Genuine romantic love should involve, however, profound reciprocity in which each person seeks the happiness and well-being of the other. The actions that result from such symmetrical care may be asymmetrical, as they take into account special personal and contextual deeds. We would find it hard to accept if only one partner gave the other birthday presents, remembered anniversaries, or offered cups of tea—while the other offered none of these symbolic acts of giving gifts. Here it is not the mechanical giving that matters as much as the symbolic act of gift-giving or remembrance, acts that signify the other's significance.

The issue of reciprocity is less dominant in parental love. A mother can love her son even if, at this point in his life, the son is extremely ungrateful. At the heart of parental love is responsibility, rather than reciprocity; nevertheless, reciprocity does play a part here as well, though to a lesser extent than in romantic love.

Unrequited love, which lacks reciprocity, is a painful experience that significantly damages our self-image. When the romantic rejection is perceived as irrevocable, it is a humiliating blow to our self-esteem, as it reflects a significant negative evaluation of our worth. We deeply want someone, but this person does not care for us. Someone who we believe is extremely good and suitable for us does not think that we are good enough.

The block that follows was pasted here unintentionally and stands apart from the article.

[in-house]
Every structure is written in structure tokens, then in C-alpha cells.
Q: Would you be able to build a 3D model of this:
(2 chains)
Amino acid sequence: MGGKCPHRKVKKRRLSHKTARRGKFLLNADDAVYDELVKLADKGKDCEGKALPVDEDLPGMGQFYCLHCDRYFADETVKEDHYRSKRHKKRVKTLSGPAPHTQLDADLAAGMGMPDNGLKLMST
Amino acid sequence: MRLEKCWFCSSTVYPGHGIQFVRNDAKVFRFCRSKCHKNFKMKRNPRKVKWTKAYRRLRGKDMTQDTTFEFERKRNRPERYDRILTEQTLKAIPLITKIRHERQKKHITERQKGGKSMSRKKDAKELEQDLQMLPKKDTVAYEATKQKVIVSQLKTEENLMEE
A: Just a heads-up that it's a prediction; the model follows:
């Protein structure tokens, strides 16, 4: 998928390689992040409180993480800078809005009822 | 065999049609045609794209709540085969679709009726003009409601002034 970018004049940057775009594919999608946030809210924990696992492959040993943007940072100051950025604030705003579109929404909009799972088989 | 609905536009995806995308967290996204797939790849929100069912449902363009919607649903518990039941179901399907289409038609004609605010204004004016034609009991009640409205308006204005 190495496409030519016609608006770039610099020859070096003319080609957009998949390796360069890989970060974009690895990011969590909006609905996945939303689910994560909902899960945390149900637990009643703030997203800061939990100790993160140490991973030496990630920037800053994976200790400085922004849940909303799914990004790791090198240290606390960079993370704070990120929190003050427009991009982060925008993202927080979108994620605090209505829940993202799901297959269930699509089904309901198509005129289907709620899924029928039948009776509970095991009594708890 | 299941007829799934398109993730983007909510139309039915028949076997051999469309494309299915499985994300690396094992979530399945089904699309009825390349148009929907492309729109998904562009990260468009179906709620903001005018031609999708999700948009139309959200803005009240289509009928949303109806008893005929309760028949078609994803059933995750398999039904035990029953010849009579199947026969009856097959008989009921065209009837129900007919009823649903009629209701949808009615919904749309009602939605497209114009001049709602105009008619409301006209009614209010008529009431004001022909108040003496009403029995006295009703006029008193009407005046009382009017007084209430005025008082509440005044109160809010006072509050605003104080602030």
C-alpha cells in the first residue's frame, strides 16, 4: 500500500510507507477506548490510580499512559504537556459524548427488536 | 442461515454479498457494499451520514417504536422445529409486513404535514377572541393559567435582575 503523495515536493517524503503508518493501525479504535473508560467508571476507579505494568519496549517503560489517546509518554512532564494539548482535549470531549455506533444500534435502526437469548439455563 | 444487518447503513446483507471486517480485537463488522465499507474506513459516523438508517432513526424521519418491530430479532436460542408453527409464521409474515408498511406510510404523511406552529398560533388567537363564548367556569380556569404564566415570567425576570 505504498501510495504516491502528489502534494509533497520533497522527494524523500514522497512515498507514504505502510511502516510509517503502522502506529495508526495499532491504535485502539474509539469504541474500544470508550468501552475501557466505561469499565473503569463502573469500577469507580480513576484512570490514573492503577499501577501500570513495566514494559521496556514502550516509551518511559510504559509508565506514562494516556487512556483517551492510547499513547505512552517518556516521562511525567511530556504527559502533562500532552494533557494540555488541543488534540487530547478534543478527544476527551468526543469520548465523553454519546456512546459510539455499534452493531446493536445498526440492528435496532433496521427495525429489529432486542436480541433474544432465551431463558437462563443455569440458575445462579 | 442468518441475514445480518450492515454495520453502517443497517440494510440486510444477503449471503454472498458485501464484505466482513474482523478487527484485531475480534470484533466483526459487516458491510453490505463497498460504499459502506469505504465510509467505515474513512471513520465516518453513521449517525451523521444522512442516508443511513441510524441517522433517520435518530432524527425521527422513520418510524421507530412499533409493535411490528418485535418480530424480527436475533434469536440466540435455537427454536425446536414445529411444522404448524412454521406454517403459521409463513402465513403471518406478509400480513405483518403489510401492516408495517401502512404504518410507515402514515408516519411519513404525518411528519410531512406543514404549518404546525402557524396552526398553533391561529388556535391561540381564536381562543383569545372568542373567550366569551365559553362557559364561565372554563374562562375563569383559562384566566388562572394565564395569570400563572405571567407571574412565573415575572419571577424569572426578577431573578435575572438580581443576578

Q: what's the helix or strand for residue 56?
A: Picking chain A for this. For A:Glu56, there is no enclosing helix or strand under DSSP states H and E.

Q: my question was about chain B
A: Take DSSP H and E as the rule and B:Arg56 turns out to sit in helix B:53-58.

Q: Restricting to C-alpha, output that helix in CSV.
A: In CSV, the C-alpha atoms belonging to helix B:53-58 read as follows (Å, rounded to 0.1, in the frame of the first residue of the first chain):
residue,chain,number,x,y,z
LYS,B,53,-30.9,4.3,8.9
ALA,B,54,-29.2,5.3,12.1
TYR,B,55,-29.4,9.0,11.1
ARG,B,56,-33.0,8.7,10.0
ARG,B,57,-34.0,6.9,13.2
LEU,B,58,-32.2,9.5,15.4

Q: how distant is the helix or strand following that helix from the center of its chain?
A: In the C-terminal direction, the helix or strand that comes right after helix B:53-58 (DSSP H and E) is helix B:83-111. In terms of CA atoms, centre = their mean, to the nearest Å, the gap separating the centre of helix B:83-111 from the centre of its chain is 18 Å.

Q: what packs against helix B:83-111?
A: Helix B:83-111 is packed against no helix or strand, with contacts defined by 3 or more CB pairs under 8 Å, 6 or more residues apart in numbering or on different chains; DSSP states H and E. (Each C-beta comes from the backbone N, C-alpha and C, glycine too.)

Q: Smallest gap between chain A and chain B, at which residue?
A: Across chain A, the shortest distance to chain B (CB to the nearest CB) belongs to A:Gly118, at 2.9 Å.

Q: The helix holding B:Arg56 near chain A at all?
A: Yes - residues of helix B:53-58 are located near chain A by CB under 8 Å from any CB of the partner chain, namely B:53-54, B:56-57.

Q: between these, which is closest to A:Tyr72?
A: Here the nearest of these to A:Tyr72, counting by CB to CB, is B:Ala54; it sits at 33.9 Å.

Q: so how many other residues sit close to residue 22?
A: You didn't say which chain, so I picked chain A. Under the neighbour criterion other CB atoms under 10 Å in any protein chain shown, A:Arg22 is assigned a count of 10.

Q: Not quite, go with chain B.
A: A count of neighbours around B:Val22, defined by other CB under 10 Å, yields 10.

The pain of romantic separation is exacerbated by the feeling of personal failure, because of the expectation that it should be otherwise (even when the current divorce rate is quite high). This may explain why people take romantic separation, and in particular romantic rejection, in such a harsh manner. It is evident that the separated or rejected lover can find another lover who may even be more suitable; nevertheless, some lovers cannot stand the separation or rejection and commit suicide or kill their beloved (see In the Name of Love).

People look for a heavenly haven in love. The intensity of love and the perceived unity of the lovers create the illusion of feeling secure: The desire to live happily ever after in the safety of the beloved's arms underlies romantic love. However, love is not safe but rather risky. Lovers are quite vulnerable to the risk of being separated from the object of their love. The dynamic and changing nature of romantic reciprocity constantly threatens the existence of love.

Adhering to Romantic Ideology further complicates and intensifies the painful situation of the rejected person. In such a case, it is harder to interpret romantic rejection as normal behavior that could happen to anyone. There is no normative framework in which the rejected lover can find consolation. On the contrary, the framework he or she believes in denies such an option, as the Carpenters ask about the reason why the sun goes on shining, and the sea rushes to shore: "Don't they know it's the end of the world because you don't love me anymore?"

No doubt, reciprocity is crucial in romantic love. However, the lack of it, and hence the end of a romantic relationship, is not the end of the world.

More from Aaron Ben-Zeév Ph.D.
More from Psychology Today